Wednesday, February 28, 2007

Poetry Book Review #6, Love That Dog

Creech, Sharon. 2001. Love that dog. New York: HarperTrophy.

Reading this interesting book in this unique genre of verse novels has left me a little puzzled. On the one hand, I really enjoyed and appreciated the story of Jack and his poetry notebook and his dog. What educator among us doesn’t like the story of a kid who gets turned on about something he’s being taught in the classroom? On the other hand, it’s not the kind of poetry I’m used to reading. Some of it seemed like nothing more than short, choppy prose, like the entry from October 10, page 5 in my copy:

“You didn’t say before

that I had to tell why.

The wheelbarrow guy

didn’t tell why.”

That’s not to say that none of the main text of the poem contains poetic elements. There is repetition, like on October 4, page 4:

“Do you promise

not to read it

out loud?

Do you promise

not to put it

on the board?”

and part of the entry from October 24 on page 9 has nice rhythm and onomatopoeia:

“Some of the tiger sounds

are still in my ears

like drums


Of course, Jack does write some excellent poetry in response to his teacher’s requests, like his “Blue Car” poem, meant to be like William Carlos Williams’ “The Red Wheelbarrow:”

"So much depends


a blue car

spattered with mud

speeding down the road.”

This poem has great imagery, even if the reader has no idea what significance the blue car has to the boy yet. Jack says he doesn’t like it, but I think he is still struggling with understanding what poetry is. What he says about this in his entry on January 17, pages 22 & 23, is that “maybe the wheelbarrow poet was just making a picture with words and someone else—like maybe his teacher—typed it up and then people thought it was a poem because it looked like one typed up like that.” He doesn’t realize that making a picture with words, the right words, is poetry.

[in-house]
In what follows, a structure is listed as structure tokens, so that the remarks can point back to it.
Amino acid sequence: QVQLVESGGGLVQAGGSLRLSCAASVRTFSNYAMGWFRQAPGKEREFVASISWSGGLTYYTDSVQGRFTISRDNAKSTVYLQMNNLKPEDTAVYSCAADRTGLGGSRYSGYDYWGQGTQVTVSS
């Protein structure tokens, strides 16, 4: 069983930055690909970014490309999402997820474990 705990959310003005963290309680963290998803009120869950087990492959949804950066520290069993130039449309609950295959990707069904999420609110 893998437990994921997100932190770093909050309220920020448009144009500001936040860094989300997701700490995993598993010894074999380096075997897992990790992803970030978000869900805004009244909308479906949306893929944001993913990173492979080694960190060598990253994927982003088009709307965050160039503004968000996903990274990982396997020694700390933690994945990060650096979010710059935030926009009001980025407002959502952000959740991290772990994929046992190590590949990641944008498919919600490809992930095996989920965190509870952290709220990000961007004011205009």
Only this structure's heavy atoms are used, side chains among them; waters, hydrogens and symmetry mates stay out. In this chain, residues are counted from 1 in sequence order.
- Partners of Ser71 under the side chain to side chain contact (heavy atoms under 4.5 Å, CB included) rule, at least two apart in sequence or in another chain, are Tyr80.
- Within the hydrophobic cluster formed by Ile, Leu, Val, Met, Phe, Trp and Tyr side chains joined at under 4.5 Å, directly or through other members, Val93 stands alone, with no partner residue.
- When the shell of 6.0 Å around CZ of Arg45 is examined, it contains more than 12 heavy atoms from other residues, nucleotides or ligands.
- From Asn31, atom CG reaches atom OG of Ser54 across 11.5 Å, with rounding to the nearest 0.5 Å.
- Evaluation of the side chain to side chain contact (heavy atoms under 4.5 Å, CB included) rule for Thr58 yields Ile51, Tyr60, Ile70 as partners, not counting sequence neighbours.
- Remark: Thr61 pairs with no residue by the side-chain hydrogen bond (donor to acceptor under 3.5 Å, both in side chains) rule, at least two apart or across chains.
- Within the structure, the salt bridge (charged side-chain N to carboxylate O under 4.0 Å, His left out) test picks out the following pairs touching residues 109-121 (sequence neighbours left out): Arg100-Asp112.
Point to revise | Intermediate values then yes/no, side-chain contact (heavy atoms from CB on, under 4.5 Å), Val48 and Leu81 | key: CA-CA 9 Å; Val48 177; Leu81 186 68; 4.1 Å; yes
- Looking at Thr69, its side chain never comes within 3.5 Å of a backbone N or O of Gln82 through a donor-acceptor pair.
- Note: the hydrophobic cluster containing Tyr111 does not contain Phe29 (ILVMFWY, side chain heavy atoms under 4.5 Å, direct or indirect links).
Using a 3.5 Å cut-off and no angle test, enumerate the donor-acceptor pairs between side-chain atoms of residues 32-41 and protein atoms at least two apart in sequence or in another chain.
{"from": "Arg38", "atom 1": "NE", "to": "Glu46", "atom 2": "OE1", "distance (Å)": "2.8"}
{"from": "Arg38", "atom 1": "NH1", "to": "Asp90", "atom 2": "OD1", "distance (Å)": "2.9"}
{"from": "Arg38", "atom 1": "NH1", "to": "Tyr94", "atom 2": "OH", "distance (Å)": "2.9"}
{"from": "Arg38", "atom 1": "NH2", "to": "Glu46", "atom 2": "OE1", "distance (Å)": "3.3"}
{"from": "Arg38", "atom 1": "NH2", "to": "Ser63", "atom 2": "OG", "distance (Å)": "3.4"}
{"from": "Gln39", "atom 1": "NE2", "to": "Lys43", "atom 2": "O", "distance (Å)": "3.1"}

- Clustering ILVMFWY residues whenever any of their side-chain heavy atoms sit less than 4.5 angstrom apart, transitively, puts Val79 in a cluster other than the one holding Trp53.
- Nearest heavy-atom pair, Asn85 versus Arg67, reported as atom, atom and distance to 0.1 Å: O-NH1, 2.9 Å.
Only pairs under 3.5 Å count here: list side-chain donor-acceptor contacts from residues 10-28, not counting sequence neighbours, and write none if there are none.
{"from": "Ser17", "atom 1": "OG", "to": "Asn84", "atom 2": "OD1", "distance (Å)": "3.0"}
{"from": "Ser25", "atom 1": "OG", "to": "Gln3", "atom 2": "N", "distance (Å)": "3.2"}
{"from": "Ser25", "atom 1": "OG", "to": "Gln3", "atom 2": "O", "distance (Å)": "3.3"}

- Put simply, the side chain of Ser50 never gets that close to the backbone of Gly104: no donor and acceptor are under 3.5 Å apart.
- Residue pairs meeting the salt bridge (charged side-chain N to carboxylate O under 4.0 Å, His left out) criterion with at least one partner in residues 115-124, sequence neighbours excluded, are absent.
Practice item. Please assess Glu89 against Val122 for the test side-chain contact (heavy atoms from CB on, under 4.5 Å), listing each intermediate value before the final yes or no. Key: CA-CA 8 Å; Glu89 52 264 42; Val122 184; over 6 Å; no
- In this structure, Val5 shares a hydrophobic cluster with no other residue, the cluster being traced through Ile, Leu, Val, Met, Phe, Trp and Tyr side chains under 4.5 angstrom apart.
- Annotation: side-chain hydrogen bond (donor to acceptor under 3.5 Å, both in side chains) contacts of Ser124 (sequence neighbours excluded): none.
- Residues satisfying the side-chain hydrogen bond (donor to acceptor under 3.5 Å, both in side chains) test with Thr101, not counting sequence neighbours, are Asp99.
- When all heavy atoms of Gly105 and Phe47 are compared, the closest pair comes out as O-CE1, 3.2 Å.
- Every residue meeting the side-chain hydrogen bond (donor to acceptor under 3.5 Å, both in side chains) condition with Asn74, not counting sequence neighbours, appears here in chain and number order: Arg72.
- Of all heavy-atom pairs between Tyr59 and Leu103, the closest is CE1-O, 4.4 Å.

The story is entertaining and maybe a little inspiring. It has some good poetry in it. Perhaps the best part is that it’s told in very few words, which is a great boon to struggling readers who have a hard time with sheer volume of words in the traditional novel. I’m glad I read this book and I think I will try to recommend it to my students where it is appropriate.

Wednesday, February 21, 2007

Poetry Break #5 - Dizzy Wind

This week's poetry break is based on the poem "Dizzy Wind" by Lisa Westberg Peters. It's in her book Earthshake: Poems from the ground up, which is full of poems on other great earth science topics, like layers of the earth, lava, and glaciers. The poem has a somewhat concrete form, so it would be impossible to discusss it without showing here an image of the poem on the page in the book: